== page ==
The promotion of tourism to Northern Ireland is primarily a devolved matter, but the Secretary of State and I take every opportunity to support it. The new British-Irish visa scheme in China and India will enable visits to both Ireland and the UK, including Northern Ireland, on a single visa of either country, thus encouraging tourism, business links and inward investment.
According to Lord Lawson, the chair of the increasingly absurd Vote Leave campaign, a British vote to leave the European Union would result in the return of border posts and passport controls between the Republic of Ireland and Northern Ireland. What modelling has the Minister done on how that might affect the £750 million tourism industry in Ulster?
I do not think I need to do much modelling; we should let the businesses of Northern Ireland speak for themselves. They believe it would be wrong to leave the European Union. The free flow of tourists between the Republic of Ireland and Northern Ireland is good for Northern Ireland, good for the island of Ireland and good for the United Kingdom economy.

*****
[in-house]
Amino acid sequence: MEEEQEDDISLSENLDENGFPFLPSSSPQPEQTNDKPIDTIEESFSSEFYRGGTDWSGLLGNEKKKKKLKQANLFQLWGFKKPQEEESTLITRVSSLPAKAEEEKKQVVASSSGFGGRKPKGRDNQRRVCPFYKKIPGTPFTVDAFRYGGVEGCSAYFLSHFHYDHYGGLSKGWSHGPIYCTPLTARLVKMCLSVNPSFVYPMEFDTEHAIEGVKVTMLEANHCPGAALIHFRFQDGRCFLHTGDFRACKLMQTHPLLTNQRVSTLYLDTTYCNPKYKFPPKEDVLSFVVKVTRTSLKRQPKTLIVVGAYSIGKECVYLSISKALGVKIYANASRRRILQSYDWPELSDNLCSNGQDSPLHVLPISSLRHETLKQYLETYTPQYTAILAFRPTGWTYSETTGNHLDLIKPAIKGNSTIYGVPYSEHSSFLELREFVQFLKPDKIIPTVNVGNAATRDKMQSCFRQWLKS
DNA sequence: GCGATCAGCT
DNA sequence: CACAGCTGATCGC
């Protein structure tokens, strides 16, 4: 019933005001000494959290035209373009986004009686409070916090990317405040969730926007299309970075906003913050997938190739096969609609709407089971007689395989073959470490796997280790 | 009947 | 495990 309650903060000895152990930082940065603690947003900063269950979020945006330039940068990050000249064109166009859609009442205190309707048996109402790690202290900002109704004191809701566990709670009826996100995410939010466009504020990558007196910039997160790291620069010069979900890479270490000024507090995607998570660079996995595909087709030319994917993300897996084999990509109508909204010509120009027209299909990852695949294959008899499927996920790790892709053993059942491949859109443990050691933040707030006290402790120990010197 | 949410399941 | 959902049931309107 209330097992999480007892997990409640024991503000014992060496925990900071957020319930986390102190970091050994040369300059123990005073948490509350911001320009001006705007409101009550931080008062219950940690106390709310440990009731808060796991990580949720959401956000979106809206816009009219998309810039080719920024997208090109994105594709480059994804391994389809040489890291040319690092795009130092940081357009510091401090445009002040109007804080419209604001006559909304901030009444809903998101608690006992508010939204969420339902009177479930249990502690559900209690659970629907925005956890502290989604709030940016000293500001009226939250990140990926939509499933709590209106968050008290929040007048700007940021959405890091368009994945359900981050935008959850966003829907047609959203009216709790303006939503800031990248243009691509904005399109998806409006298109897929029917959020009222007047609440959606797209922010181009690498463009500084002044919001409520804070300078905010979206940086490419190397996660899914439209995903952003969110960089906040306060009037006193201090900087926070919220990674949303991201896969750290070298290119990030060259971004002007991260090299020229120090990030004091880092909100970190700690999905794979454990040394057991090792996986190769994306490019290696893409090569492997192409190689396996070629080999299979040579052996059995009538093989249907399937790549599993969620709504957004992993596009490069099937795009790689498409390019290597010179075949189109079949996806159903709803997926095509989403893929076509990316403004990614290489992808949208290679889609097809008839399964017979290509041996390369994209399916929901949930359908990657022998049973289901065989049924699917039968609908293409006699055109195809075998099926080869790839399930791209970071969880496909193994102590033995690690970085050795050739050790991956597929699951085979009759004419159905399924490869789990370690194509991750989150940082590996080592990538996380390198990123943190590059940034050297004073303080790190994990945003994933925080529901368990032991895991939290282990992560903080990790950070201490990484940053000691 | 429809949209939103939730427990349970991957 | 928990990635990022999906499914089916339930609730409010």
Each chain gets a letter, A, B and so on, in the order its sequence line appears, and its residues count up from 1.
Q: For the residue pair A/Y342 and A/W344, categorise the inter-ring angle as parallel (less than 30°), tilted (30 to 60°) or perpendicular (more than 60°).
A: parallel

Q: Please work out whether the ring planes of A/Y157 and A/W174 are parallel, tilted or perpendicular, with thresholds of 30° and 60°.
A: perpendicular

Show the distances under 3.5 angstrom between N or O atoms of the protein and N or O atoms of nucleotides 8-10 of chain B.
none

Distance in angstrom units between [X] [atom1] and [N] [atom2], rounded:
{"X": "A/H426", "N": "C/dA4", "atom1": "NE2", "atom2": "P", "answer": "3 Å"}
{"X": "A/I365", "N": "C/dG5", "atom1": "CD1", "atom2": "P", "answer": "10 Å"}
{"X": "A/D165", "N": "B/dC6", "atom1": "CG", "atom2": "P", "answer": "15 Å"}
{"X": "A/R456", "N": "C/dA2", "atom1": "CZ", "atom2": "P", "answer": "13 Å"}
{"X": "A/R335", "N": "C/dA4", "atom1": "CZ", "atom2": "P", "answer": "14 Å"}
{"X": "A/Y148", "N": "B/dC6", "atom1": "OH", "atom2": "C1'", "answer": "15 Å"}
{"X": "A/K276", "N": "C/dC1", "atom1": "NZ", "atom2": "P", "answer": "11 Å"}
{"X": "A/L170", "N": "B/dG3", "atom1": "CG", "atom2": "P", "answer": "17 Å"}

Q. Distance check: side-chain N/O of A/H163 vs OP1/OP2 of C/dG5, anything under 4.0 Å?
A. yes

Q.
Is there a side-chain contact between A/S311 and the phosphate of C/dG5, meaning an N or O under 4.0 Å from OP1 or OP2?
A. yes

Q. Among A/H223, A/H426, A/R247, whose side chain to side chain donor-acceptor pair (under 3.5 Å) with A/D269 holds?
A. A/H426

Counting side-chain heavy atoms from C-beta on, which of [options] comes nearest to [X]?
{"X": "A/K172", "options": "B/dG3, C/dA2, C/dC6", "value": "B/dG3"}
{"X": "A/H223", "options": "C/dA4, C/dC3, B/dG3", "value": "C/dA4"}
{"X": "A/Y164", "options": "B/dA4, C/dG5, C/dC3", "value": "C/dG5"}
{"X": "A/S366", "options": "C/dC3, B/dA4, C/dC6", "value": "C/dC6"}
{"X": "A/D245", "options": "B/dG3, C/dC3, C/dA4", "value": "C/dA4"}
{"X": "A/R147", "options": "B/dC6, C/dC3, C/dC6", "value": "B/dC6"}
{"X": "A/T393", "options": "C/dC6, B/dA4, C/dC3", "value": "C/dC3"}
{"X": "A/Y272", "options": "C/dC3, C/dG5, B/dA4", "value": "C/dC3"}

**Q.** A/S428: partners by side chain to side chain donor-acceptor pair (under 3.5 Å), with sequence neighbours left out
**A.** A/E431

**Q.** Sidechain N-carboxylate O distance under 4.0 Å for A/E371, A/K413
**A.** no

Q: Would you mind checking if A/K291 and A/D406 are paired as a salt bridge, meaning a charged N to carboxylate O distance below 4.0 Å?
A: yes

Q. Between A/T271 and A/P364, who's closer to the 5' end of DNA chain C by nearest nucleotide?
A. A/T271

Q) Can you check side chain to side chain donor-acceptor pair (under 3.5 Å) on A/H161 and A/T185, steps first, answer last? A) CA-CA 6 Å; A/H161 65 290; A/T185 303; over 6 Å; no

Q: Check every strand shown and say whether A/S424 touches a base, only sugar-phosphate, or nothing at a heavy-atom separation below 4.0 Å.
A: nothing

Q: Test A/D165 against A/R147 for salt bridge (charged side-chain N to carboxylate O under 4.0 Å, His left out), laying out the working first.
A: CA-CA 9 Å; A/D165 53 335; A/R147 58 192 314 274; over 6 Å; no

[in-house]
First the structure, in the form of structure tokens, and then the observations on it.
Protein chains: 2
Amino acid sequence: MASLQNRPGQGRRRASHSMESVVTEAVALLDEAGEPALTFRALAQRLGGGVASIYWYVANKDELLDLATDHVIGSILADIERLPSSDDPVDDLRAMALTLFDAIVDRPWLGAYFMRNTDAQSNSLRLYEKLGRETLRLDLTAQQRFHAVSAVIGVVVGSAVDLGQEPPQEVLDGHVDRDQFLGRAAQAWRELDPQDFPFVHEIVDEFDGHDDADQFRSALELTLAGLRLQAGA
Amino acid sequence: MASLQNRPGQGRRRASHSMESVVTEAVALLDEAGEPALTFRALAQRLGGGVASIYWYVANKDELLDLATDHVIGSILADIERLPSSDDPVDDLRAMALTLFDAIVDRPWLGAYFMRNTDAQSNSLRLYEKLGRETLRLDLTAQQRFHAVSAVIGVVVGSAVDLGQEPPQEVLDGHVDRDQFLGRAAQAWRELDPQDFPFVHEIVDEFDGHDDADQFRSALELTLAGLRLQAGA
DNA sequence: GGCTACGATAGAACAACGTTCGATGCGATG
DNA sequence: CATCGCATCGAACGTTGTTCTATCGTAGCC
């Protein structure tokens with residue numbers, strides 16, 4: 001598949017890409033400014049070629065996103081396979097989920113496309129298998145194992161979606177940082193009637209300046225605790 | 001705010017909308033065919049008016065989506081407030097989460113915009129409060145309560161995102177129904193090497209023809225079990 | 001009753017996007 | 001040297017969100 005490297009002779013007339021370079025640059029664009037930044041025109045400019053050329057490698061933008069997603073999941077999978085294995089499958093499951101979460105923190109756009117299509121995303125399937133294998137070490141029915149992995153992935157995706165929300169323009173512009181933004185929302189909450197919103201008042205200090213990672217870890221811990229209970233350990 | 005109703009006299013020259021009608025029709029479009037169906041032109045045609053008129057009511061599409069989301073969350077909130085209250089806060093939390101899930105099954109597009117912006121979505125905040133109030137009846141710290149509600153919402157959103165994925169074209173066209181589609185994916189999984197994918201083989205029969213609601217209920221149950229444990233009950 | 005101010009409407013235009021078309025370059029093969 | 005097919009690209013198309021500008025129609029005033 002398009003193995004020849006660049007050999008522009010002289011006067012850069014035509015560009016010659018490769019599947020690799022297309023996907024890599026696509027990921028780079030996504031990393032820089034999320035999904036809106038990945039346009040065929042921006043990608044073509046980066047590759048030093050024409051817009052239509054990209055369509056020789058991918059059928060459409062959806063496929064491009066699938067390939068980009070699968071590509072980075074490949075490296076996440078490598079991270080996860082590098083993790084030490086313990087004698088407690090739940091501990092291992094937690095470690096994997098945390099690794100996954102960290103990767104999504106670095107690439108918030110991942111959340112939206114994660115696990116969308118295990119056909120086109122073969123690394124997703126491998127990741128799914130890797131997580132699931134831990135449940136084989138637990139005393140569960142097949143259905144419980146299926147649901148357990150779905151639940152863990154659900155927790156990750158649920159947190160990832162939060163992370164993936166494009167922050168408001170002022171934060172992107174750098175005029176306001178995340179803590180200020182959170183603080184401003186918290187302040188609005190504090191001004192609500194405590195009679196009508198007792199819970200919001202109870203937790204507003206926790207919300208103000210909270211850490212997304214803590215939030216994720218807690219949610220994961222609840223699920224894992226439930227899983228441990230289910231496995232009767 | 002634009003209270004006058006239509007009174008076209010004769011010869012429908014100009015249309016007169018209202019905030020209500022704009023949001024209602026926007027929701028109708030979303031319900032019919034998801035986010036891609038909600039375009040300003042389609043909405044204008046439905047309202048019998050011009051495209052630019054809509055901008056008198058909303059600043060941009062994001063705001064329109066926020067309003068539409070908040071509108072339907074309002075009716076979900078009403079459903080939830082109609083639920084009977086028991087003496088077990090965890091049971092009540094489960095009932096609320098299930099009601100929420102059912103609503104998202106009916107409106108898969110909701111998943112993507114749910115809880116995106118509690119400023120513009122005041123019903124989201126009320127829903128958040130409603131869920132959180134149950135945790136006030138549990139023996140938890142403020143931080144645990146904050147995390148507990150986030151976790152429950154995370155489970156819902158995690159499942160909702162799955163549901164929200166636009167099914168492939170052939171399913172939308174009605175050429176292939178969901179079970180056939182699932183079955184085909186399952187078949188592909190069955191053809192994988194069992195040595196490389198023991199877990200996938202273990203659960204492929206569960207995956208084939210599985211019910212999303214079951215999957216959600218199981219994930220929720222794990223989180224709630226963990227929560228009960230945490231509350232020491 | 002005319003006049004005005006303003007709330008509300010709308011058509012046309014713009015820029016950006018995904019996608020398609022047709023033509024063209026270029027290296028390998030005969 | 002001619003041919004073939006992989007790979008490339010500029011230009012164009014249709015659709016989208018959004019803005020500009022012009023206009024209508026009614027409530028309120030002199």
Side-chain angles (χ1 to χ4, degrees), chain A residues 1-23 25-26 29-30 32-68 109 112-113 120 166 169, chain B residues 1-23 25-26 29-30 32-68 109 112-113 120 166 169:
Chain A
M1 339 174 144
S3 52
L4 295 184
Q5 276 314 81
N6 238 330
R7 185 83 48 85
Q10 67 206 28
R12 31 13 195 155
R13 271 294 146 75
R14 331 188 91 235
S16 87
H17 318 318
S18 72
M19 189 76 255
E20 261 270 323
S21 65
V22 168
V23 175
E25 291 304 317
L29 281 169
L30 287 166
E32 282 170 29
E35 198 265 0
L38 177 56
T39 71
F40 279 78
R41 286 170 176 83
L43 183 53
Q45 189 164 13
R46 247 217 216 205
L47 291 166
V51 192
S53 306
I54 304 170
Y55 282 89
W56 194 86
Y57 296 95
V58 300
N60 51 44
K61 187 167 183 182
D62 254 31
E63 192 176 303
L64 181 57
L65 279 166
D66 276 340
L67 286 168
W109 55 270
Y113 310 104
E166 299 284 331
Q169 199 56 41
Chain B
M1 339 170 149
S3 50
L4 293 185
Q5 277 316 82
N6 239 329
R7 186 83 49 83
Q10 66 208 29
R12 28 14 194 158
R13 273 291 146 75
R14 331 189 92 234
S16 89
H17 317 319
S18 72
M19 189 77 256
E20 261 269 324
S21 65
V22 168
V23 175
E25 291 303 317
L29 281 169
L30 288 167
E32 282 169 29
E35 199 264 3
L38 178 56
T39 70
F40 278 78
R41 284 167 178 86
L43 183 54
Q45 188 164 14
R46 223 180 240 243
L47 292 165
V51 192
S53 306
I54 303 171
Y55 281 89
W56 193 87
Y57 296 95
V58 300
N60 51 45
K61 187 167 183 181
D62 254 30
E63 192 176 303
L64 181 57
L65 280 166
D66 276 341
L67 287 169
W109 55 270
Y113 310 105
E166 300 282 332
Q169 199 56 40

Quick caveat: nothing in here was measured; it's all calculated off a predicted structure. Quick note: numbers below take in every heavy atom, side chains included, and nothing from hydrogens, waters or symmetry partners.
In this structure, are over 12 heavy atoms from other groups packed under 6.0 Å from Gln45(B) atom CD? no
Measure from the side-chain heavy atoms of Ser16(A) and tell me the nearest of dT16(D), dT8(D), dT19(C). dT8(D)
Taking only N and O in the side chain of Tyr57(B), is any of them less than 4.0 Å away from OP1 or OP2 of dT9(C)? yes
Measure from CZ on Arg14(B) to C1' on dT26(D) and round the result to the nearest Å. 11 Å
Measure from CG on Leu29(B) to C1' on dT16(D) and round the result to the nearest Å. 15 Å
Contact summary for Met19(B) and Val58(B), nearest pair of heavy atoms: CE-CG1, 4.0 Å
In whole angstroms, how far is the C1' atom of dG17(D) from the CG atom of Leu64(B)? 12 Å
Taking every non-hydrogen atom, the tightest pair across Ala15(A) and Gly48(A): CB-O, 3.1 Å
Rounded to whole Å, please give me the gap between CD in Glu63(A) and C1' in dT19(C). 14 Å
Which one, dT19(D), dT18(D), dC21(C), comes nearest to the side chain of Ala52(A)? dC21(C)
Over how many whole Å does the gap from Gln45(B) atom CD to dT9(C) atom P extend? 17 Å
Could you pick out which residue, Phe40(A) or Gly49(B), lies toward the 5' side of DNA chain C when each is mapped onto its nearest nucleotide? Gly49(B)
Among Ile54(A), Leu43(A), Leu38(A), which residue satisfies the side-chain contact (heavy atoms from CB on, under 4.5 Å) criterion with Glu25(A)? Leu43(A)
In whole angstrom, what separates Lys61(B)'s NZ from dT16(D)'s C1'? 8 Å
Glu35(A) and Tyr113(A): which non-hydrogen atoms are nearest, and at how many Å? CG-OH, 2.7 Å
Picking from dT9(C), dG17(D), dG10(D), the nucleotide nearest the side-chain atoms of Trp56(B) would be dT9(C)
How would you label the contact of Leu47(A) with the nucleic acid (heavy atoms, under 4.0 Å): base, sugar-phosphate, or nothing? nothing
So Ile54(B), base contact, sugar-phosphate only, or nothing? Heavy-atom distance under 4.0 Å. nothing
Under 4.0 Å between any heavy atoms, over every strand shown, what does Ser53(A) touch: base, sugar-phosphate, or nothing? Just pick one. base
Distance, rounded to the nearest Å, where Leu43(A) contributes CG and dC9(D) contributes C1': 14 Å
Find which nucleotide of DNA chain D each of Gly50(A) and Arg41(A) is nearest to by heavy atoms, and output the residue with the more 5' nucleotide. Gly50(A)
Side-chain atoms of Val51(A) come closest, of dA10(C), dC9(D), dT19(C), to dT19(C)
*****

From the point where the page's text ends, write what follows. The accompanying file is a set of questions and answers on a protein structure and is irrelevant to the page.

Whenever I visit the Milwaukee Irish Fest, I hear that when people travel to Dublin and to Shannon airport, they holiday only in southern Ireland. What discussions is the Minister having with Tourism Ireland to ensure that people come to Northern Ireland and enjoy our tourism facilities, which are much better than those in the south?
The single biggest challenge for Northern Ireland tourism is advertising its great offerings. The British Open golf championship will be held in Portrush in 2019, and other events include the North West 200, the Ulster Rally, the Giro d’Italia cycling event and the Balmoral show. If we can tell people that those events are out there and that they are on, more people will come north from the south.
In all tourism, the best thing to do is to play to our strengths. I will certainly explore that option, and I am also keen to make sure that tourism in the Republic of Ireland dovetails with the offering in Northern Ireland, so that we can encourage people into both Dublin and, indeed, the north of Ireland. We also look forward to, I hope, capitalising on the next series of “Game of Thrones”, which is due out very soon and was filmed in Northern Ireland, north of the wall.